Interval Training... necessary for change
March 1, 2012
FORT JACKSON, S.C. -- Many people try to get rid of unwanted pounds in a hurry. Consequently, everywhere you turn magazine articles, books and exercise DVDs promise fantastic weight loss in a short amount of time. How true are these statements? Can a person really take off a substantial, noticeable amount of weight in record time?
To achieve rapid results, we have to recognize that no weight loss exercise is complete without it having some sort of cardiovascular component attached to it. Exercising the heart muscle helps speed metabolism. Combining cardiovascular exercise with an intense burst of a strength move creates muscle conditioning and metabolism-revving harmony. If you are trying to lose weight in a hurry, your style of exercise is interval training. Unlike circuit training, interval training
applies intense conditioning for a specific amount of time and is followed with a sufficient recovery time so that you can do it again and again and again.
This style of training pushes the heart and targeted muscle area so intensely that it creates change.
Your current fitness level will determine how aggressive you will need to be with your interval training. Beginners will not have to work as diligently to see results as intermediate or advanced exercisers.
To make this workout a success, you want to focus on the bigger muscles in your body. When we use bigger muscles, we use up intramuscular energy. Bigger muscles store more of this energy than smaller ones, so if you use larger muscles, you get greater weight loss results.
Also, the longer you can work the interval, the more weight loss you can expect. Intervals that are more intense and longer yield more energy output. Your body will work harder to replace the energy lost -- that equals weight loss.
Basic interval tips:
-- Aim for 60 to 75 second intervals
-- Recover actively. Do not just stop and rest; instead do a lighter version of the move for 60 seconds while heart rate comes down.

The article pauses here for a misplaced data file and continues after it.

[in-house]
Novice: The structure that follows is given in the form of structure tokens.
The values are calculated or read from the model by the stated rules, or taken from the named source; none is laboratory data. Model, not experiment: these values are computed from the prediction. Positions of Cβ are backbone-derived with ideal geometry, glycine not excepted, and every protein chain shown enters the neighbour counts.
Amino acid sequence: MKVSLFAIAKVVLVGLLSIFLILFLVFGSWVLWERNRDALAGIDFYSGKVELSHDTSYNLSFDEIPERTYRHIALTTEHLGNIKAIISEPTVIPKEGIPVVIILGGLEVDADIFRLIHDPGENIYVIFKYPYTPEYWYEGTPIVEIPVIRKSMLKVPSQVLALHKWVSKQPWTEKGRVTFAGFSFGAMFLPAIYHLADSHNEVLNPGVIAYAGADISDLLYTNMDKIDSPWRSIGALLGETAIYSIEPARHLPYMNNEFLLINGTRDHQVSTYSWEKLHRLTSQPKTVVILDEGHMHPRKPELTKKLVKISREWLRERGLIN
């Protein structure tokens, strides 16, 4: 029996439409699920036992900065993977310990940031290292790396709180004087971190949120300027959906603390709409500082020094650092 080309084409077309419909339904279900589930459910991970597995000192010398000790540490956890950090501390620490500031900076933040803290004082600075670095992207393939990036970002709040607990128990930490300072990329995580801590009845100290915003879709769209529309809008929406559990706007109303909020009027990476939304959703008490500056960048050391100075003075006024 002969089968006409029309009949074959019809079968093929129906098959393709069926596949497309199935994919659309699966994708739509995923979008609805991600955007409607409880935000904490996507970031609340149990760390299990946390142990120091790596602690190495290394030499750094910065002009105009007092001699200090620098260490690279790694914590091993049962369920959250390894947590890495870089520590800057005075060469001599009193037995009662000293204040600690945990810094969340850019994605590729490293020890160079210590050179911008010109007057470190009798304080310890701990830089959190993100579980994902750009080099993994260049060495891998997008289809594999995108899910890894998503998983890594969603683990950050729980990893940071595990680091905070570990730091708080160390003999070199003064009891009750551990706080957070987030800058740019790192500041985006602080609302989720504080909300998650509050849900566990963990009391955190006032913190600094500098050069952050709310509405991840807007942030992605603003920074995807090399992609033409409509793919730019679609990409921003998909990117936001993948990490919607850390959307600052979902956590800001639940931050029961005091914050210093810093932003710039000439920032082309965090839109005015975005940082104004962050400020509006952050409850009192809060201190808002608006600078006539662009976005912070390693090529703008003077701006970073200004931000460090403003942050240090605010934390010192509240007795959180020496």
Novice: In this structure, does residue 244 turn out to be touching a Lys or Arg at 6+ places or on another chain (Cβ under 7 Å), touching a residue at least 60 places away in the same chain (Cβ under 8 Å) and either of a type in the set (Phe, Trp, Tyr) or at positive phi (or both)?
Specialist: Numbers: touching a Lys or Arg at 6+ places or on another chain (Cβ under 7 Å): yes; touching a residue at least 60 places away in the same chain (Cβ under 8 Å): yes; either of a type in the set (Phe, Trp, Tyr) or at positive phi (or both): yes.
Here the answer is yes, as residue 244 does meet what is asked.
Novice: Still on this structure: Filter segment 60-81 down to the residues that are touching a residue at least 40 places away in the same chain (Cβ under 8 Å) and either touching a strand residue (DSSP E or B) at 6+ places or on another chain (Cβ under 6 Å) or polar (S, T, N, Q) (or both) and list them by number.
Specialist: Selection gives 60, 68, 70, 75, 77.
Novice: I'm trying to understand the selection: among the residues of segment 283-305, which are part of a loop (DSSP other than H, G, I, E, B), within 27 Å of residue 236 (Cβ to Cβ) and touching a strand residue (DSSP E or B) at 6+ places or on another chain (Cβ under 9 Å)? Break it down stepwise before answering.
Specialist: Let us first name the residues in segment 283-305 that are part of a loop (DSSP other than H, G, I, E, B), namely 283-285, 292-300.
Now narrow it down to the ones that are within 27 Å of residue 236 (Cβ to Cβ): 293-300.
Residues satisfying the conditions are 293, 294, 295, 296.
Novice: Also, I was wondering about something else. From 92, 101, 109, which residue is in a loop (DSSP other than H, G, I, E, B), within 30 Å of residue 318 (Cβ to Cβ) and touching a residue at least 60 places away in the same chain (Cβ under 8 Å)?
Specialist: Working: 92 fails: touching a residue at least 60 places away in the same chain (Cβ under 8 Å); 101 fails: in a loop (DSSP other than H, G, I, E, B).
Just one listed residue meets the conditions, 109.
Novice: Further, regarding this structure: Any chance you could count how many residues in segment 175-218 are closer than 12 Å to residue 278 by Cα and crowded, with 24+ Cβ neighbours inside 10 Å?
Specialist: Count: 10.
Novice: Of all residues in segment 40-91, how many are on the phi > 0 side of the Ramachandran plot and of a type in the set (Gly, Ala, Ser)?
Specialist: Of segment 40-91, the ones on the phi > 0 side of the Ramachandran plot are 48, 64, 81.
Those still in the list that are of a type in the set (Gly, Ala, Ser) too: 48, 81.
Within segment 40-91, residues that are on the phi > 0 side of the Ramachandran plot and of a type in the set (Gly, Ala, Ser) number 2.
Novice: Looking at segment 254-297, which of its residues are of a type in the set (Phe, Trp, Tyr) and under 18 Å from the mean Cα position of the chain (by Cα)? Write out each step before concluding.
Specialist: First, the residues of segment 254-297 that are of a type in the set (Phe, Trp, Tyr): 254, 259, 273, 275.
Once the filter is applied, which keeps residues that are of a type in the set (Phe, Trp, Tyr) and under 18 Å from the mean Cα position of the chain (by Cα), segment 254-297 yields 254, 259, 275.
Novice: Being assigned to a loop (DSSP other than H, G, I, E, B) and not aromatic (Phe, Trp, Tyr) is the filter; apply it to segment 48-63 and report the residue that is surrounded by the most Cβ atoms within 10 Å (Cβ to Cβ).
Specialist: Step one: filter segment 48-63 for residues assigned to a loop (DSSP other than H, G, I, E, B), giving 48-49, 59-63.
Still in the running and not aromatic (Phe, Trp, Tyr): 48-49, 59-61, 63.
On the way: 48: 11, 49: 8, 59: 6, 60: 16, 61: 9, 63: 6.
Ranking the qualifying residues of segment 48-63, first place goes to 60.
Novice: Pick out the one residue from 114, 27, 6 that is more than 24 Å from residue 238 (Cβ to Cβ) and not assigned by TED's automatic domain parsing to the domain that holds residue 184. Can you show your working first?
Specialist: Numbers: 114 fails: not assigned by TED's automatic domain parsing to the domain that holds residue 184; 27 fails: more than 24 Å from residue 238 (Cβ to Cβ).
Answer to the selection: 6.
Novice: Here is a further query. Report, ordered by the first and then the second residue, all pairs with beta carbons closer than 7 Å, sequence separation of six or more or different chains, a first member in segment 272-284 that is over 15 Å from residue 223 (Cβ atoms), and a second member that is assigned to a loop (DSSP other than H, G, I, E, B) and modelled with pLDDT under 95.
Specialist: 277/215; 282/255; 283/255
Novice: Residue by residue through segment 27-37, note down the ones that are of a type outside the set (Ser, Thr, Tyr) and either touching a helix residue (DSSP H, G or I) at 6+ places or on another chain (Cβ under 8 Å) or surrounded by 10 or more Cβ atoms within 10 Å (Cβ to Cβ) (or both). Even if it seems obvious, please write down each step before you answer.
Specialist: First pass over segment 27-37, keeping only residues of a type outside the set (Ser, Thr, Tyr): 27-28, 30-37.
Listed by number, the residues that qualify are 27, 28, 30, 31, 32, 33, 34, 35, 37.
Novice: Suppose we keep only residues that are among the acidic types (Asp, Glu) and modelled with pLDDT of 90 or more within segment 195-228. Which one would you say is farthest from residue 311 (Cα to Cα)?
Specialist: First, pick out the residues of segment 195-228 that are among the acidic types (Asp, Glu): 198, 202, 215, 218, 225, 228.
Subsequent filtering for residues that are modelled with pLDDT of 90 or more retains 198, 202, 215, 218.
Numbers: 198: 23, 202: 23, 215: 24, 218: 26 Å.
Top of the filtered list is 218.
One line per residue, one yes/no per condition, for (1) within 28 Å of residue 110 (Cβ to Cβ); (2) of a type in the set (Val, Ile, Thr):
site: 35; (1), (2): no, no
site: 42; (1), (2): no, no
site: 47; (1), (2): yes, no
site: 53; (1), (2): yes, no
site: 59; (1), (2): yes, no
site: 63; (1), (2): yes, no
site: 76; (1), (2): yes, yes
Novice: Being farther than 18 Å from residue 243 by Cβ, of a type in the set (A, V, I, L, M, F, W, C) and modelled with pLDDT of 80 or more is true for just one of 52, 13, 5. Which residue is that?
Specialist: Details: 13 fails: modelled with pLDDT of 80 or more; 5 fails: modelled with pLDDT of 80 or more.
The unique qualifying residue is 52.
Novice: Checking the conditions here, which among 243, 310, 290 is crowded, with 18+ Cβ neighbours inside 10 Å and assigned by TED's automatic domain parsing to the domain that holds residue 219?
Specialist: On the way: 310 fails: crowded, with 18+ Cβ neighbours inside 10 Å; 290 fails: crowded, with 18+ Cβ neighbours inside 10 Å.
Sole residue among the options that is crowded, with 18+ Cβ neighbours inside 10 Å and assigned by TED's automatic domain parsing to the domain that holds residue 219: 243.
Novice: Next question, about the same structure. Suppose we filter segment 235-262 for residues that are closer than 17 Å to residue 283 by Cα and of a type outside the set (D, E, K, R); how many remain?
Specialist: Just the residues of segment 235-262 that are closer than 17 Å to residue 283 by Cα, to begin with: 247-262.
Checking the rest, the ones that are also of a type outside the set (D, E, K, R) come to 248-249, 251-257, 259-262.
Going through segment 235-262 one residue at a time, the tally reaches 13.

1: Plyo jumping jacks --These jumping jacks are explosive because of how high the feet come off the floor. They are doable because they are performed in slower motion, forming somewhat of a squat with each repetition. Just think of doing slow jumping jacks with wide leg landings. Recovery: step out, out -- in,in.
2: Mountain climbers -- Go to pushup position with the hands on the floor holding a weight in each hand. While in pushup position begin to alternate knee tucks to the opposite elbows at a fast pace. Keep your shoulders down and your midsection steady. To make this move less challenging you can have your hands on a bench and you do not have to hold the weights. You can also go slower, but you have to do the move on your toes. There is not a knee option.
Recovery: walk the mountain and bring hips up and relax arms more.
3: Squat shoulder press -- This exercise is used with a heavy barbell or heavy dumbbells. As you
squat down the arms are down. As you come out of your squat, do a shoulder press move. This move is tempo paced to slightly fast. You need to be able to control the weight you have selected, especially because you will be doing a squat down, press up move. Recovery: do a smaller squat and press up without any weights.
4: Lateral hops -- Hop or jump from side to side about 4 feet or more. You will land in a stick motion like a gymnast dismounting (not bouncy). Use light hand weights and push the body off in a ski like motion each time. Recovery: release the weights and don't jump so far apart.
5: Raised reverse lunge pulse -- Place one foot on a 6-to 8-inch workout bench or step bench and the other foot on the floor. Hold medium to heavy weights in the hands. Begin to squat pulse down and up while alternating hammer curls for your biceps. Recovery: do smaller pulse, release weights.
6: Jumping jack pushups -- On the floor in pushup position on your toes; jack your legs apart
and together at a rapid pace. You are holding onto heavy weights, which are on the floor. Try to keep your body low and do not let your buttocks stick too far up. Recovery: move in slow motion without the weight holding.
7: Plank pop ups -- On the floor in pushup position; with one move pop up out of push up and
onto your feet. You will stand about three-fourths of the way up. Then go back into push up position and repeat the move. Recovery: walk out into plank and walk back up out of plank.
8: Tap the waist -- This move is for the entire abdominal area. Begin on your back arms extended overhead. Place the hands on the waist; then sit all the way up (hands are still on the waist); simultaneously reach the arms forward and draw the right knee in and tap your ankle. Next, tap your waist and go back down with the arms extending over head. Recovery: do the move slowly
The eight exercises above can be used to create a total body interval training workout. Remember to train hard. You must give it all you have if you want to make a change in your body. Also, aim to perform your interval for no less than 60 seconds, and if you can, for 75 seconds. Push yourself, but don't overdo it. The more you train this way, the more efficient you
will become, and you will be able to last longer in your intervals.
The second component to successful interval training in nutrition. Check out next month's column for nutritional tips that enhance your interval training.
Got questions? Email me at Pamela.Greene1@us.army.mil.